In Memoriam: Al Jaffee (1921-2023)
Al Jaffee, who contributed cartoons and articles to the satirical Mad magazine for 65 years, died earlier this month at 102. The extraordinary length of Jaffee’s career is shown by his retirement at 99.
The New York Times published a lengthy and affectionate obituary describing Jaffee’s long and interesting life that can be viewed
A Long and Brilliant Career
In 1964, Jaffee created the Mad Fold-In, an illustration on the inside back cover of the magazine which, when folded in thirds, revealed a second image which contained a different, and often subversive, message. Jaffee was the sole creator of the fold-in for 55 years.
A tribute containing 13 of Jaffee’s fold-ins that spanned decades can be seen
Another of Jaffee’s signature features for Mad was “Snappy Answers to Stupid Questions.” Here is an example:
In Mad’s peak period in the 1960’s and early 1970’s no target was off limits. Mad’s satire and general irreverence seemed incredibly cool to someone growing up in a small town in Michigan. Even better, when I became a Mad subscriber my parents disliked it. My Dad called Mad “juvenile.” I was an aspiring, and then actual, juvenile, so the magazine was a perfect fit.
Here is a 1971 cover showing how Mad went after one of its prime targets, Hollywood movies:
Jaffee was one of the group of artists and writers at Mad that were referred to as “the usual gang of idiots.” He was extremely productive and collections of his work were very popular.
Here is the cover of one of Jaffee’s collections that shows his somewhat beatnik-looking self-portrait:
New York, New York
I drifted away from reading Mad when I went east to Wesleyan University and then to Columbia Law School in New York City. I learned many things living near the Columbia campus on the West Side of Manhattan, and not all of them involved legal training.
I discovered that then, and I think now, it is very difficult to travel from east to west (or the reverse) by public transportation in Manhattan after about 10:00 pm. Busses and taxis go north and south, down Fifth Avenue or up Madison Avenue on the East Side and up and down Broadway or West End Avenue on the West Side, but the crosstown bus routes are limited by the natural barrier of Central Park. The subway lines run generally north and south, except for a shuttle between Grand Central Station and the 42nd Street subway station. And, all forms of public transit run with reduced frequency in the late evening.
One weekend night in 1974 or 1975 I went, uncharacteristically, to a party on the Upper East Side. I left the party late, and I was aware that it could take a couple of hours to to get back to our apartment at 114th Street and Riverside Drive, in what was then a dubious neighborhood. The apartment faced two air shafts—there were no exterior windows—and I shared it with two other law students. I decided, in this rare instance, that a taxi, a major expense, was appropriate.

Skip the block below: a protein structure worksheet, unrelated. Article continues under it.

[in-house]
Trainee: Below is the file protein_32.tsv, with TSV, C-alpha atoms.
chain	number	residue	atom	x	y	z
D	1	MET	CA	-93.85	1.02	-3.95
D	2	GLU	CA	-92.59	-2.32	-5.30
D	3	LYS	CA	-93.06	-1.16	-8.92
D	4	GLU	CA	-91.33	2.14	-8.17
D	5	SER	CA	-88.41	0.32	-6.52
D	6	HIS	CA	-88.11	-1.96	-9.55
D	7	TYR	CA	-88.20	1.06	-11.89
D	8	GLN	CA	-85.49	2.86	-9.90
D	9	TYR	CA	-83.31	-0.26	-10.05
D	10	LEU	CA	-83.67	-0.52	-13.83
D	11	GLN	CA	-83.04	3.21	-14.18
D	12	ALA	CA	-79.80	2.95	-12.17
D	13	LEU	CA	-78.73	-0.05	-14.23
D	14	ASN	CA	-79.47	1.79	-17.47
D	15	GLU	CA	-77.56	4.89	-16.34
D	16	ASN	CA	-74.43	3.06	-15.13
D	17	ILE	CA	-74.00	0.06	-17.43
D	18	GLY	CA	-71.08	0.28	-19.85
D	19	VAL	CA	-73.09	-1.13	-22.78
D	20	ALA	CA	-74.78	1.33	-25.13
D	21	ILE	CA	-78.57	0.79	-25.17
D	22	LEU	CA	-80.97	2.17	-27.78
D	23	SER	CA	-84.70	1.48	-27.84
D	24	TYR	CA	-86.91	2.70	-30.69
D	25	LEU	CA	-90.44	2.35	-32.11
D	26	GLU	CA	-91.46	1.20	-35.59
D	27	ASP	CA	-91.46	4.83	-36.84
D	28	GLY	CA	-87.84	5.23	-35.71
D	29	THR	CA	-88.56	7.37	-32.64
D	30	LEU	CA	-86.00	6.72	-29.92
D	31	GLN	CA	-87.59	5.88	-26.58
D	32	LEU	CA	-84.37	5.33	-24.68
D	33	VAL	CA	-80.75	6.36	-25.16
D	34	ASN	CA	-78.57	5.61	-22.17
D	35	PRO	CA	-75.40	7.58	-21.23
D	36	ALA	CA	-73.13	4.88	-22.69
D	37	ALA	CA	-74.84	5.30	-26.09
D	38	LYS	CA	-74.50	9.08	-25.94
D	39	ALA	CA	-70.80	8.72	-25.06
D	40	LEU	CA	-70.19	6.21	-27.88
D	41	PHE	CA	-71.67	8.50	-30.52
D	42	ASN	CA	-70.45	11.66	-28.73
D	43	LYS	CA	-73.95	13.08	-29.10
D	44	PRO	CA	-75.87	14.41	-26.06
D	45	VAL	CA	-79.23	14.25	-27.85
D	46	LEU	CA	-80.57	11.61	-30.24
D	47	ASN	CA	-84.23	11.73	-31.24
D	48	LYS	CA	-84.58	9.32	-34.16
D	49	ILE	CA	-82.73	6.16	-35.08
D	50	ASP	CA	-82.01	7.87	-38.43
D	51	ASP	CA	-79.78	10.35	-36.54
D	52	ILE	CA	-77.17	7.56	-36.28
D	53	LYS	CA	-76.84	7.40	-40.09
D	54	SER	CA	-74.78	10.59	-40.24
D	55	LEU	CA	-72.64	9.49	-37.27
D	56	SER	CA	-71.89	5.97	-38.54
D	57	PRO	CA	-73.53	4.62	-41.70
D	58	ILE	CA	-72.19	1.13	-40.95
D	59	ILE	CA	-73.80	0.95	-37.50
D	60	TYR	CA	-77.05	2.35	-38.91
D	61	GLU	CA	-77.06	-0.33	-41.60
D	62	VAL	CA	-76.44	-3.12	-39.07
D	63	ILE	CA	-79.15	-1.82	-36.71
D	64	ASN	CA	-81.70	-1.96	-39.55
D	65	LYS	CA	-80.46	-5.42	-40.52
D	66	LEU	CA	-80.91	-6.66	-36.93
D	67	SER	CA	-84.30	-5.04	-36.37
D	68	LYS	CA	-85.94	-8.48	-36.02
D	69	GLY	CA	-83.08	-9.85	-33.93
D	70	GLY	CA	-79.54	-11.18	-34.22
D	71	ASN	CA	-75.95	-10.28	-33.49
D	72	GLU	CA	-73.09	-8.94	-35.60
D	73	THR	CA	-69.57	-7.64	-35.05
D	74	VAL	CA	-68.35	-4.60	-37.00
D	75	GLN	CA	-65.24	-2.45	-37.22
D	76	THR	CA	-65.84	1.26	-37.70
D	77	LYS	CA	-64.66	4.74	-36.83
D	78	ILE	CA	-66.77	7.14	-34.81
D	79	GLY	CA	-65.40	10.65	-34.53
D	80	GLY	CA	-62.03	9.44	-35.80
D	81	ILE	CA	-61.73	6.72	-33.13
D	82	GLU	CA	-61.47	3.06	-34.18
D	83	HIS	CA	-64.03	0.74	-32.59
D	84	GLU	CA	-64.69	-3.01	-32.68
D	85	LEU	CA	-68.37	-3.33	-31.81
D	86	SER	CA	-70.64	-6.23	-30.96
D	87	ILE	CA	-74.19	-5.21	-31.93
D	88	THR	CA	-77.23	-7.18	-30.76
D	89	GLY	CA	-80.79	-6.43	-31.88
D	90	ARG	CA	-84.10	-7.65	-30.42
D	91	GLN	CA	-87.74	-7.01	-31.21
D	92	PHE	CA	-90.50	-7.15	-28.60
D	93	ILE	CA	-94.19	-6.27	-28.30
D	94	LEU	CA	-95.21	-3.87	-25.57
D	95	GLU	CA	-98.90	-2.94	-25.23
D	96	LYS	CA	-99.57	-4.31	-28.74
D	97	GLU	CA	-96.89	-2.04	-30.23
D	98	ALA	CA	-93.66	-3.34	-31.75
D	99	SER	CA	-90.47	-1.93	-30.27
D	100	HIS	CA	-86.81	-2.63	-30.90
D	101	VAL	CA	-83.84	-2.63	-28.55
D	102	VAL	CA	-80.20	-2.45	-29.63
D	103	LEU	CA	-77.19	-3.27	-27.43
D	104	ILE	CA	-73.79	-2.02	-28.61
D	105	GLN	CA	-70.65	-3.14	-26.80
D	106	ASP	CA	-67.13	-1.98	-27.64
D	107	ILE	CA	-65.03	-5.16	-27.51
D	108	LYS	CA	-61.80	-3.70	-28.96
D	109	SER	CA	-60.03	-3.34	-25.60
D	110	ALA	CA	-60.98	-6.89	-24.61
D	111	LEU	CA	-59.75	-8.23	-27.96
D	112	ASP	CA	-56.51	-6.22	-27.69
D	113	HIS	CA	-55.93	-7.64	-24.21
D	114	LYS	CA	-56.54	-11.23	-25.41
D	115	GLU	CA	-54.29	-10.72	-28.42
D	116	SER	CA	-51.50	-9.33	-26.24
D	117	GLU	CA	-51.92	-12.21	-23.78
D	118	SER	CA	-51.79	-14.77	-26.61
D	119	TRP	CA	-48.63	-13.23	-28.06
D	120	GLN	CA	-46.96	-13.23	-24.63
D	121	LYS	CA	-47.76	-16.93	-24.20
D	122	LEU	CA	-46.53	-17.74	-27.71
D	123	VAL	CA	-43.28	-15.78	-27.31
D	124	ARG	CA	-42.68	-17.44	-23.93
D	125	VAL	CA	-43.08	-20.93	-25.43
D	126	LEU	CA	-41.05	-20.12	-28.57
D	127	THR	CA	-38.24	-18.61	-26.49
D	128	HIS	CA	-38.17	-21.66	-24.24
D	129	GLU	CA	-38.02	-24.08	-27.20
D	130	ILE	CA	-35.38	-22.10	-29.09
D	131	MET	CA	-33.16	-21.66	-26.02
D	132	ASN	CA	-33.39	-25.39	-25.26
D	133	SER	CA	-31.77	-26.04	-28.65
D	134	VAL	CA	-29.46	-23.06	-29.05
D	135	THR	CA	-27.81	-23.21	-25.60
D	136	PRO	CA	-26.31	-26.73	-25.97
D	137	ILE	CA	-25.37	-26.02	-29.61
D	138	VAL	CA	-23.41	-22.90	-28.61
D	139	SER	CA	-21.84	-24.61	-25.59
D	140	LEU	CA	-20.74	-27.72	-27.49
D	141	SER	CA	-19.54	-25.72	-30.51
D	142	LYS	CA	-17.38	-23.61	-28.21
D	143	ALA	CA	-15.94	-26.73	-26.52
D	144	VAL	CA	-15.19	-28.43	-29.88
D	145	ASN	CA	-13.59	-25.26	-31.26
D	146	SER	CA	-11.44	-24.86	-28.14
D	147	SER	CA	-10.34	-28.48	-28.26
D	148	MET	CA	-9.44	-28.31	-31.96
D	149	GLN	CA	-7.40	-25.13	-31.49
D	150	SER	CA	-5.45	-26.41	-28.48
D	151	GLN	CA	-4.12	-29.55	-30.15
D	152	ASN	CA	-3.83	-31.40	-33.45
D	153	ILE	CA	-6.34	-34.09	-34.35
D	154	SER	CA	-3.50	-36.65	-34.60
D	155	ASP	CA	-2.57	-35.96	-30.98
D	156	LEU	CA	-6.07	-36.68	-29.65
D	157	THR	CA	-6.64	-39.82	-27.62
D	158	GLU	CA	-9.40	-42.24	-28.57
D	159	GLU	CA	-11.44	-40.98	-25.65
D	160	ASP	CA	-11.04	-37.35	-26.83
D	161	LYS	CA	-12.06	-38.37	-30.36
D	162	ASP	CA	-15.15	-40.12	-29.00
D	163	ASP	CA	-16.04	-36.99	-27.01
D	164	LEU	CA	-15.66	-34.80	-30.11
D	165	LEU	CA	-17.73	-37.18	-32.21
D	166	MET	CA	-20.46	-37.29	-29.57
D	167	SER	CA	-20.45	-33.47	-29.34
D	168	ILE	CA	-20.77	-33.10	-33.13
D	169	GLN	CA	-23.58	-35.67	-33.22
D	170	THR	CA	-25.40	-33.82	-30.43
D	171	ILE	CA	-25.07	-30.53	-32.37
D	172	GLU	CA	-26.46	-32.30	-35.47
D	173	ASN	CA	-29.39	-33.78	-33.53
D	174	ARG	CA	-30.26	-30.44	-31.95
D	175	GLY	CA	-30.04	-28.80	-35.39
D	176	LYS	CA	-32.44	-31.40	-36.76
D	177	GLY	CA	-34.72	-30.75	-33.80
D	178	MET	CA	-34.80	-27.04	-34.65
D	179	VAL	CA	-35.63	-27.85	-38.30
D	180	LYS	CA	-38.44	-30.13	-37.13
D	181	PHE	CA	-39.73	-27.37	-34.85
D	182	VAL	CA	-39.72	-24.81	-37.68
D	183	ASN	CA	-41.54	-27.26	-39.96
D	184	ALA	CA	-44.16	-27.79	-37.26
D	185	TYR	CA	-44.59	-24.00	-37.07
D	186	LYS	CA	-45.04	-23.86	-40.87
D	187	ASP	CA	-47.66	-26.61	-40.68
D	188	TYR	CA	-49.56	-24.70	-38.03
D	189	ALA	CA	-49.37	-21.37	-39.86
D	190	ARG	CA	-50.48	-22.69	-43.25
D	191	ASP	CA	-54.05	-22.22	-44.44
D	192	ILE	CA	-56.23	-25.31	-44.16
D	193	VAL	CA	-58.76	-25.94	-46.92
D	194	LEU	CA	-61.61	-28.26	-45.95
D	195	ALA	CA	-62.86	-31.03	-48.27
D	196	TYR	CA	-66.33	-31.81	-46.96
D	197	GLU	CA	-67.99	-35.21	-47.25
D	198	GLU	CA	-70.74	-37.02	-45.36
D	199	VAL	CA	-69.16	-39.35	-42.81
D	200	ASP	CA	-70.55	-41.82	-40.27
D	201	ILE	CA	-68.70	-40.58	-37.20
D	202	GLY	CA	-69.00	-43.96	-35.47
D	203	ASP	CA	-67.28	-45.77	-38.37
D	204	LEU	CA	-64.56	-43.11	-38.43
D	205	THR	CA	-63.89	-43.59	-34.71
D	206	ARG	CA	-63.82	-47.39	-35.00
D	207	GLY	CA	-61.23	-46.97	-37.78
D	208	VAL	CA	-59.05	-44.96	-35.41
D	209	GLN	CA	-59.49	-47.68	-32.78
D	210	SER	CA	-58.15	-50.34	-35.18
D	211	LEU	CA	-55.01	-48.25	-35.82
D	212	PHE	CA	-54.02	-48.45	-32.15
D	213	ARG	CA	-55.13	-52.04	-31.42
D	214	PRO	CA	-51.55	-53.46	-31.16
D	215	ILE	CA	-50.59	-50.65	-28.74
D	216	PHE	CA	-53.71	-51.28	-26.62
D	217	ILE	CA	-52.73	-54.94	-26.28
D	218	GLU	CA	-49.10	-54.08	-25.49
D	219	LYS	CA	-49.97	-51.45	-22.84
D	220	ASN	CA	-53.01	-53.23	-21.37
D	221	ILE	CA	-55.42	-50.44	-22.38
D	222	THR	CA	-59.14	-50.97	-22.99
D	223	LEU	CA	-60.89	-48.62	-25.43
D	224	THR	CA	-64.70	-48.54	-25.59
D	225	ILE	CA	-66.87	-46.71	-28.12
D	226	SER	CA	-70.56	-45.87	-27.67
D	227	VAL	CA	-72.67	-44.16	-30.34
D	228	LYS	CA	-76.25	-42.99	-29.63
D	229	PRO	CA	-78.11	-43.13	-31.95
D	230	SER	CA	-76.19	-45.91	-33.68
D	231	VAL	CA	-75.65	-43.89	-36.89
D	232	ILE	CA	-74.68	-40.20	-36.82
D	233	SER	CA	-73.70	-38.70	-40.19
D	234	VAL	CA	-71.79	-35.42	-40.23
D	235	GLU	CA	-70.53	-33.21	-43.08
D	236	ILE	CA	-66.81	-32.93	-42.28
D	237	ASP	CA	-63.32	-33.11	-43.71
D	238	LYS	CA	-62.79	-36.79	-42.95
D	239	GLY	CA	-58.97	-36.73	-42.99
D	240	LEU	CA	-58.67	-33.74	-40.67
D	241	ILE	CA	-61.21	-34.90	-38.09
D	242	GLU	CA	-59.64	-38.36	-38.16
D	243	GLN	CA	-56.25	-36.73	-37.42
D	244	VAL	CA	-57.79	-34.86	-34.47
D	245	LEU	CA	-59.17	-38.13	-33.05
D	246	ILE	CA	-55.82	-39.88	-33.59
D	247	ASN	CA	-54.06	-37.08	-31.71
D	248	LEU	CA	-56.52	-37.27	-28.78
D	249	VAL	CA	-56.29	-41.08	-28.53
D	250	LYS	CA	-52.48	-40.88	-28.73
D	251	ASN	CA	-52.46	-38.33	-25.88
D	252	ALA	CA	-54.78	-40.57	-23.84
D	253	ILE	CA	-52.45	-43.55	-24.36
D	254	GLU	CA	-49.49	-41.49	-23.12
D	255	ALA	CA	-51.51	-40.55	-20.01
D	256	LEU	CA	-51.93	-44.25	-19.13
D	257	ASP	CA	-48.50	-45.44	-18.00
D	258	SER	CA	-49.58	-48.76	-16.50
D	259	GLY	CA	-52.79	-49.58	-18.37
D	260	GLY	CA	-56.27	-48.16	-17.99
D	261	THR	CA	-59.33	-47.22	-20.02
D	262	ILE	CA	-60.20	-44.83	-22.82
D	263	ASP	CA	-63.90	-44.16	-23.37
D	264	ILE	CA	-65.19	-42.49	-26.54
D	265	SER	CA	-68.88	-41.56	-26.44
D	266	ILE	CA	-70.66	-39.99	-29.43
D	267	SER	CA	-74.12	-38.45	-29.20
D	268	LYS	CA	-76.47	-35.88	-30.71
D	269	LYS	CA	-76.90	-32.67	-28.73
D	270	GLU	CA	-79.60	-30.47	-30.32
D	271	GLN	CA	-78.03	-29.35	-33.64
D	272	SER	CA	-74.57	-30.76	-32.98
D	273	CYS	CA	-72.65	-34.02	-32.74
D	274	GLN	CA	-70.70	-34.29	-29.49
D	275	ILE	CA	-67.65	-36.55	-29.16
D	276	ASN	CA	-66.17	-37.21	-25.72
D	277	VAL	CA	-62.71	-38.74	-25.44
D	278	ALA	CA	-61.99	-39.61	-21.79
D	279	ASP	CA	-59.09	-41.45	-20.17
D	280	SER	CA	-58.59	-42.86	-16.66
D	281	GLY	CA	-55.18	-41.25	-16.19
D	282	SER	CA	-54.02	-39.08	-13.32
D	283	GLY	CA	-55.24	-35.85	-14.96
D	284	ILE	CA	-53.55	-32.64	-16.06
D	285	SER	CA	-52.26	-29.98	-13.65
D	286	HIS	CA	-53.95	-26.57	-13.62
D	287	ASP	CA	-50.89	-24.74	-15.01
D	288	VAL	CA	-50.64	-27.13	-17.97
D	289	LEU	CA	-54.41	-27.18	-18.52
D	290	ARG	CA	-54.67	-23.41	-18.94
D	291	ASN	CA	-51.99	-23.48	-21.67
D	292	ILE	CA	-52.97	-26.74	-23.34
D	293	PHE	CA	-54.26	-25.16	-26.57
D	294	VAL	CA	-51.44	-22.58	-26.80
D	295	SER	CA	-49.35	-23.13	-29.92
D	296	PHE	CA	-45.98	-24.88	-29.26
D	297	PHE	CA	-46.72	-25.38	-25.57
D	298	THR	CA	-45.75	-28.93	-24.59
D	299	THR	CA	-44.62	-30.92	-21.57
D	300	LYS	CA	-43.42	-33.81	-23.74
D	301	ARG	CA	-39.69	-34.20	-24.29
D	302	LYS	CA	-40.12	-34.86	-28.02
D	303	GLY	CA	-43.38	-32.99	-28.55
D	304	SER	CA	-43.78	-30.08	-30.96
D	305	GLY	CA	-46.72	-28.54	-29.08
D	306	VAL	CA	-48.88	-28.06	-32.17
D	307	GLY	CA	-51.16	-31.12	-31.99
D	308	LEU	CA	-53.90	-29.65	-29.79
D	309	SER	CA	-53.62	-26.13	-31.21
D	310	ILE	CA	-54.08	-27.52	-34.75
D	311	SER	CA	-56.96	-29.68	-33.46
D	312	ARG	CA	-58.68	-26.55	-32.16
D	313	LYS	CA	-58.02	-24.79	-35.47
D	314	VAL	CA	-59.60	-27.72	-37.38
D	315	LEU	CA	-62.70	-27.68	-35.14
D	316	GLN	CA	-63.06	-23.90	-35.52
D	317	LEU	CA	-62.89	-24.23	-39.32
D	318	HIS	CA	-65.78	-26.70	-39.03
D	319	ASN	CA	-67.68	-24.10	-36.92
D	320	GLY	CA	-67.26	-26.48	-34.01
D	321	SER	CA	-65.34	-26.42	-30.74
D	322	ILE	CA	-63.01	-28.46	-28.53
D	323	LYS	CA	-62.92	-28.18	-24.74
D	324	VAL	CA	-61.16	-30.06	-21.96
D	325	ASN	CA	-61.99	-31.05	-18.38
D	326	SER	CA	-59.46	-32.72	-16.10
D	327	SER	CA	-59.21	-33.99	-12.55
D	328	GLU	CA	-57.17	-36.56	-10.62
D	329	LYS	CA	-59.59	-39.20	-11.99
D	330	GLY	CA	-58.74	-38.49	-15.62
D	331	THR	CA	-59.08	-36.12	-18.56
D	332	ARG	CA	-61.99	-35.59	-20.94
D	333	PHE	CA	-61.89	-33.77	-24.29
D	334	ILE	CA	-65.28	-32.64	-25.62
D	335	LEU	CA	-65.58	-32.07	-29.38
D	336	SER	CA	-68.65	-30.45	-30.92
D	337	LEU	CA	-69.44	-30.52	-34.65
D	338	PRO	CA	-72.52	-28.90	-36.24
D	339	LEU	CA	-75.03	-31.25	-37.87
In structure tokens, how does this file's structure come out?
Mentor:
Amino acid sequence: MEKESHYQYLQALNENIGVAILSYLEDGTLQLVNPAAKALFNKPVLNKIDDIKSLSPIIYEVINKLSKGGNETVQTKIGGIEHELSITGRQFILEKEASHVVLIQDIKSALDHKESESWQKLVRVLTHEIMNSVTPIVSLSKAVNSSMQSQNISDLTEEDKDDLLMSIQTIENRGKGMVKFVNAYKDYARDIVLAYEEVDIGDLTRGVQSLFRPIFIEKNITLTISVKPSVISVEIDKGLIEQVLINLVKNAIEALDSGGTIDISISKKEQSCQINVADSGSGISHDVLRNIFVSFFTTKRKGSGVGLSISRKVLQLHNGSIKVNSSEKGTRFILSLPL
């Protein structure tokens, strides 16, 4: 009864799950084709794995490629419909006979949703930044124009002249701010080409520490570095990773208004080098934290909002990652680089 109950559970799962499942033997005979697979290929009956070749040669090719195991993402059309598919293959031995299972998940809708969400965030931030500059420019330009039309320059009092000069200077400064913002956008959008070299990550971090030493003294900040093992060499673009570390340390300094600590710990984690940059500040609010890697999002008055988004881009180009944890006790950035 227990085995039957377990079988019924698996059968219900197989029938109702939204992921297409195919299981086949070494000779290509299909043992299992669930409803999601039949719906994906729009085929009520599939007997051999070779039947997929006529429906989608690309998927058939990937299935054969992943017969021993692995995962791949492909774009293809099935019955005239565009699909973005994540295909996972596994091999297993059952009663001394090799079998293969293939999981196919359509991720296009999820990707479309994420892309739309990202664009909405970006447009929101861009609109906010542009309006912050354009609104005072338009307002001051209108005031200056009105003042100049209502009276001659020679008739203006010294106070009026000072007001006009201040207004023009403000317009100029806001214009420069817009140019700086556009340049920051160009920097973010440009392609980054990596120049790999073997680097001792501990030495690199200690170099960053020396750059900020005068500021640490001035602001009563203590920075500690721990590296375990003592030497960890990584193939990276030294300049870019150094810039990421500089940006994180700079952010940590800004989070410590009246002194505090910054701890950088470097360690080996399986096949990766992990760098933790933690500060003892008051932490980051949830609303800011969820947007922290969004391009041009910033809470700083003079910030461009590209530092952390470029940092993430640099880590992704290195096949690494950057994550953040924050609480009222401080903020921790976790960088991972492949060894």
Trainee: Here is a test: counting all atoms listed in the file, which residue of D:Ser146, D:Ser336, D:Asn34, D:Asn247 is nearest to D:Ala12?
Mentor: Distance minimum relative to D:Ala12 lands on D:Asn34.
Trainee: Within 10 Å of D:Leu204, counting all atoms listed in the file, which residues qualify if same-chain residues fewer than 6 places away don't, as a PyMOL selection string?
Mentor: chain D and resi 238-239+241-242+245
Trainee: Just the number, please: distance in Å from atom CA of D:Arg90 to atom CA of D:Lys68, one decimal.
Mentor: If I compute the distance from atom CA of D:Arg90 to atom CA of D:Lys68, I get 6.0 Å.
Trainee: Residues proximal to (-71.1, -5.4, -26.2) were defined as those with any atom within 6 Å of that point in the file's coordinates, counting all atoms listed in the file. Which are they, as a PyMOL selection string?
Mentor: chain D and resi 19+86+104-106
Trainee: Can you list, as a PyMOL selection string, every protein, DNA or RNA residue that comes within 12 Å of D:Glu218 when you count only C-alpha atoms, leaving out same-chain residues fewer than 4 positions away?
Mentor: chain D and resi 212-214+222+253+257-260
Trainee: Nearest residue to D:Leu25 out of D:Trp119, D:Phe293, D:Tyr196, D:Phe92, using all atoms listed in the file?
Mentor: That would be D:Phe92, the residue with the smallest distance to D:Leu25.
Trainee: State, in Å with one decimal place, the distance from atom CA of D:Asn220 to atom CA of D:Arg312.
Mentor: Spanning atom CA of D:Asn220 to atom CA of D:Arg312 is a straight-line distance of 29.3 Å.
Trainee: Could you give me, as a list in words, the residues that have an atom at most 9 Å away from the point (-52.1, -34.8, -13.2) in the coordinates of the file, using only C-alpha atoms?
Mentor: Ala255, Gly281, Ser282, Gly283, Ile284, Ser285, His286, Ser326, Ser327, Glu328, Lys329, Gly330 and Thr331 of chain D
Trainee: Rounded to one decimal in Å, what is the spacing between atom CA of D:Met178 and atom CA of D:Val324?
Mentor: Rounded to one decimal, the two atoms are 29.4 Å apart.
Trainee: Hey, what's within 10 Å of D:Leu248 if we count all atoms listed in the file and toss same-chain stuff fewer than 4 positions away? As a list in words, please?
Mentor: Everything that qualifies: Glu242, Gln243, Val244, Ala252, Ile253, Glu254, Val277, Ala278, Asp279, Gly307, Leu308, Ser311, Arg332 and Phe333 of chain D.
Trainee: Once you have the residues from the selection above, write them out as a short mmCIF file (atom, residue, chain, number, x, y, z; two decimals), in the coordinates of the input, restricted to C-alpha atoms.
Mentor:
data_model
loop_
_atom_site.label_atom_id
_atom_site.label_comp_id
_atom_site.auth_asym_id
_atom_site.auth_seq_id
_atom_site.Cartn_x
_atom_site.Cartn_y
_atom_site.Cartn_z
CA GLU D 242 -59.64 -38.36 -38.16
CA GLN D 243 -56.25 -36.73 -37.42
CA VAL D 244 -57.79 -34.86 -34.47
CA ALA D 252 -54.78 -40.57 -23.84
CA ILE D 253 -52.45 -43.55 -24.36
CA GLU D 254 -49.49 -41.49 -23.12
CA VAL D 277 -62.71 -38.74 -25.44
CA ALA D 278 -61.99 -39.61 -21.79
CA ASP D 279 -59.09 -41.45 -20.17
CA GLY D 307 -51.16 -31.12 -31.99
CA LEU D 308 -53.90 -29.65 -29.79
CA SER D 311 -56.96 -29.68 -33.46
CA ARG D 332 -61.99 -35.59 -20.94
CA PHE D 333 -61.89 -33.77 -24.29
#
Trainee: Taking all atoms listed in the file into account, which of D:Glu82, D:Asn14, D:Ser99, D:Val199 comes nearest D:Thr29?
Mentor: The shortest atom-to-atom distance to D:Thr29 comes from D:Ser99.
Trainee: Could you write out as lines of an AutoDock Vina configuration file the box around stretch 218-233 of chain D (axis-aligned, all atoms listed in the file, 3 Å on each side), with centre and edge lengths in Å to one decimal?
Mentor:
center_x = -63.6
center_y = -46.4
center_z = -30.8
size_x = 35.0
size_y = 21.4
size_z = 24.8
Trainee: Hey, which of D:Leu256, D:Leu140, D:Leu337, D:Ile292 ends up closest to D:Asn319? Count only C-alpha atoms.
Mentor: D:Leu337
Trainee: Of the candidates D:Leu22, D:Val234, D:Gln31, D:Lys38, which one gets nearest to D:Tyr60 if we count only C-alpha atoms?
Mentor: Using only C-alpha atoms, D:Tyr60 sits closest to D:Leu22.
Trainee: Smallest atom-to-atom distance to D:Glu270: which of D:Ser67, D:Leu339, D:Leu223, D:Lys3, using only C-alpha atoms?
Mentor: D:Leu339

I hailed a taxi and when I got in the back seat I immediately felt something smooth and heavy on the seat—a 35mm camera in its case. Ever respectful of authority, I told the driver, “ Sir, I’ve found a camera in the back of your taxi.” He replied, in the best traditions of New York cab drivers, “I don’t want to f____ ing know about it.”
When I got home, I showed the camera to Al Ferrer, my roommate who had driven a cab in the summer after our first year of law school. His suggested that I call a city agency known as the Hack Commission (from “hackney,” I supposed) and report that I had found a camera. If nobody claimed it, a virtual certainty in a city as big as New York, then I would own a new (to me) camera. I made the call and reported that I had found the camera and where I was when I found it.
About a week later the phone rang in our apartment and a woman’s voice, in a heavy New York accent, said, “I think you have my camera.” The voice described the camera in accurate detail down to the number of exposures and the color of the camera strap. The camera I had appeared to be the one she was describing and I told her so. She said, “Will you bring it to me?” I declined, probably ungraciously. I gave the woman my address which, I suspected, was probably alien territory for her.
Three or four days later there was a knock on the door which I opened to find a stylish New York lady with two of the largest men I had ever seen on either side. My camera claimant had come with personal protection that seemed to have been provided by the New York Giants.
I gave her the camera and the woman said, “You know, it’s not really my camera. It belongs to an artist, Al Jaffee, who draws for Mad. He would like to give you a reward.”
I was too smart to fall for any of this and I was disappointed that my possible acquisition of a fancy camera was not going to happen. I suspected that the woman was a con artist of some kind, but the presence of her two large friends made pursuing that impossible. I adopted my best New York wise guy attitude. “Lady,” I said, “if the camera belongs to Al Jaffee ask him to do a drawing for me.”
Weeks, or maybe months, passed and I forgot about the camera, the lady, and her huge sidekicks.
Then, the mail came one day and this was in it:
Only Al Jaffee would conclude the camera episode with a cartoon self-portrait as the Greek philosopher, Diogenes.1
So, thanks Al, for the many laughs and for shoring up my faith in people.
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Diogenes of Sinope (404-323 BCE) was a Greek philosopher best known for holding a lantern (or candle) to the faces of Athens citizens claiming he was searching for an honest man. He rejected the concept of "manners" as a lie and advocated complete truthfulness at all times.